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From: Stefan Seefeld (seefeld_at_[hidden])
Date: 2004-06-22 18:33:07

Gregory Colvin wrote:

>> oh ? Any call to fork()
> On systems that have fork().
>> should be accompagnied by a call to wait()
>> (or one of its cousins such as 'waitpid()').
> On systems that have wait().

yes, I'm only talking about posix systems.

>> The only question is whether
>> that has to happen synchronously or asynchronously.
> And that question could be answered by the process library, or left
> to the user.

I believe this should be left to the user. However, it would be
nice if the library had some way of encapsulating various strategies
to execute non-reentrant callbacks in a safe (and of course portable) way.

>> Calling 'wait()' synchronously basically means to block right after
>> 'fork()'
>> has been called untill the child process terminates. One technique that
>> uses this approach is to detach the subprocess, i.e. to fork twice,
>> and while
>> the grand-child carries out the actual task, the child finishes
>> immediately.
> Which won't work if the parent cares about the child's exit() value?

of course not. The above is used to implement demons.

>> The much more frequent situation is to call it asynchronously, i.e.
>> the call
>> would be either executed from inside the SIGCHLD handler or somehow
>> triggered
>> by it (such as a semaphore, which is reentrant).
> Which was the implementation Angus first suggested, which a few of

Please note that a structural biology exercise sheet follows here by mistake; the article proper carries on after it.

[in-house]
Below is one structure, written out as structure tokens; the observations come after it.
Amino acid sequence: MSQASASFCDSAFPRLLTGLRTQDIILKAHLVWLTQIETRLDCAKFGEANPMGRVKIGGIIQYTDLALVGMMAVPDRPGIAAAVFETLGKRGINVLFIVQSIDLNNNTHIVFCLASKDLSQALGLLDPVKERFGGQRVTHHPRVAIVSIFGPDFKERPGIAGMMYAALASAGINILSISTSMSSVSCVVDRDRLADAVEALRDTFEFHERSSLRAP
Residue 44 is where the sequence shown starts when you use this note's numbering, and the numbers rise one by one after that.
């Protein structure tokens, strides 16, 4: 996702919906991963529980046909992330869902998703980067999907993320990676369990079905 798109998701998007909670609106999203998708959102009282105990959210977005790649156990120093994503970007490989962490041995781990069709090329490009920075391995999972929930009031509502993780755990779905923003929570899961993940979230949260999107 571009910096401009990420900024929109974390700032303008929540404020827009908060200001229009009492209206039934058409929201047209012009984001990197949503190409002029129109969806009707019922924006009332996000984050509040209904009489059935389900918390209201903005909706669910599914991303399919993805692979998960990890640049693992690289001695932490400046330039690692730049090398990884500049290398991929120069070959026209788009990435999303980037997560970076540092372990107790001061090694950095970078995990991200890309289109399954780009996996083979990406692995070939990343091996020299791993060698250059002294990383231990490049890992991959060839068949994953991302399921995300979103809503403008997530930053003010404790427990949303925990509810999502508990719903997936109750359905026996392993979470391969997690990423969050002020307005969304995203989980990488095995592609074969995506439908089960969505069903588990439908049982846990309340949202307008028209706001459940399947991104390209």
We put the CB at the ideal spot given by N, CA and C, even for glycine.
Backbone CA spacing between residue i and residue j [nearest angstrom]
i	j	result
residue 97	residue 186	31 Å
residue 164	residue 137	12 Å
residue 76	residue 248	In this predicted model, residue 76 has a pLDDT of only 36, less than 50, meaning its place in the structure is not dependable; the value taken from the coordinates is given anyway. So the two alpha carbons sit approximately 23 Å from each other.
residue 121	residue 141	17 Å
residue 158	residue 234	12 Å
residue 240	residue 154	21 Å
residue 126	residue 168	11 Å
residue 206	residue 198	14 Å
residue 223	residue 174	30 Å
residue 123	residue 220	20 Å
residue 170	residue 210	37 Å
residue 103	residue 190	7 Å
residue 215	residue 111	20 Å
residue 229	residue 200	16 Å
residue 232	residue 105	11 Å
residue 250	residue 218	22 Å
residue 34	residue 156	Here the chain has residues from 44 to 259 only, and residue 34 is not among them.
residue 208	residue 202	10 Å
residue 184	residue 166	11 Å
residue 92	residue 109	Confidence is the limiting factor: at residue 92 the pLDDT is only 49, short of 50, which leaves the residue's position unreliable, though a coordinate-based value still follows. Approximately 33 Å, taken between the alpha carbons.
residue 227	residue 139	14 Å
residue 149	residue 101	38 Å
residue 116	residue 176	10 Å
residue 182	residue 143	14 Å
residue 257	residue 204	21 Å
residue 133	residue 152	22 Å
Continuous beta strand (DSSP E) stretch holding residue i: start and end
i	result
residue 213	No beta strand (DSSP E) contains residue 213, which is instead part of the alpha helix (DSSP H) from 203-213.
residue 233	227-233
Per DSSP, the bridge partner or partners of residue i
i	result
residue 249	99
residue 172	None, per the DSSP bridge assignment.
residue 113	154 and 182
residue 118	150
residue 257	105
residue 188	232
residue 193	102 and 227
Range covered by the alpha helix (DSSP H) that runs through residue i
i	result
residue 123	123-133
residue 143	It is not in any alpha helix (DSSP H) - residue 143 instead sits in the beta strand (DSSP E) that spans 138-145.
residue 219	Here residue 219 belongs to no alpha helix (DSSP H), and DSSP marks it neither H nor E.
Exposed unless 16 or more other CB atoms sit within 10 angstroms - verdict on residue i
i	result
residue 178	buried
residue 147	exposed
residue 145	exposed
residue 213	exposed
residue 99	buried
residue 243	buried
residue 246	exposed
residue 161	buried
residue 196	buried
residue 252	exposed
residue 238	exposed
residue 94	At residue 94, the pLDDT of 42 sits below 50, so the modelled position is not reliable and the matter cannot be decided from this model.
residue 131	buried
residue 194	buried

> us pointed out was unsafe as written. I meant to suggest the choice
> could be left to the user.
> You can also avoid blocking with a separate thread to do the wait(),

that doesn't sound good: each sub-process would have to be accompagnied
by a thread...that's quite a lot of unnecessary overhead, especially since
any reentrant solution would be able to dispatch all sigchilds from a
single handler, i.e. the cost would be constant and not dependent on the
number of child processes.

> or by calling waitpid() with WNOHANG in a polling loop.

that's even more expensive.

I think, any efficient solution to this problem will be quite intrusive, i.e.
it won't be possible to provide some sort of black box which you hand over
a callback. It needs tight integration with the rest of the application such
as an event loop or a general purpose signal handler (I used to run one
thread per application to be responsible for all signals the process could
possibly catch (well, beside those that are thread-bound)).

Probably the closest what you can get in terms of flexibility / portability
is ACE, as was already pointed out earlier. But that's a huge framework, both,
in terms of scope as well as code. That's the kind of scope though at which such a
facility is best implemented.


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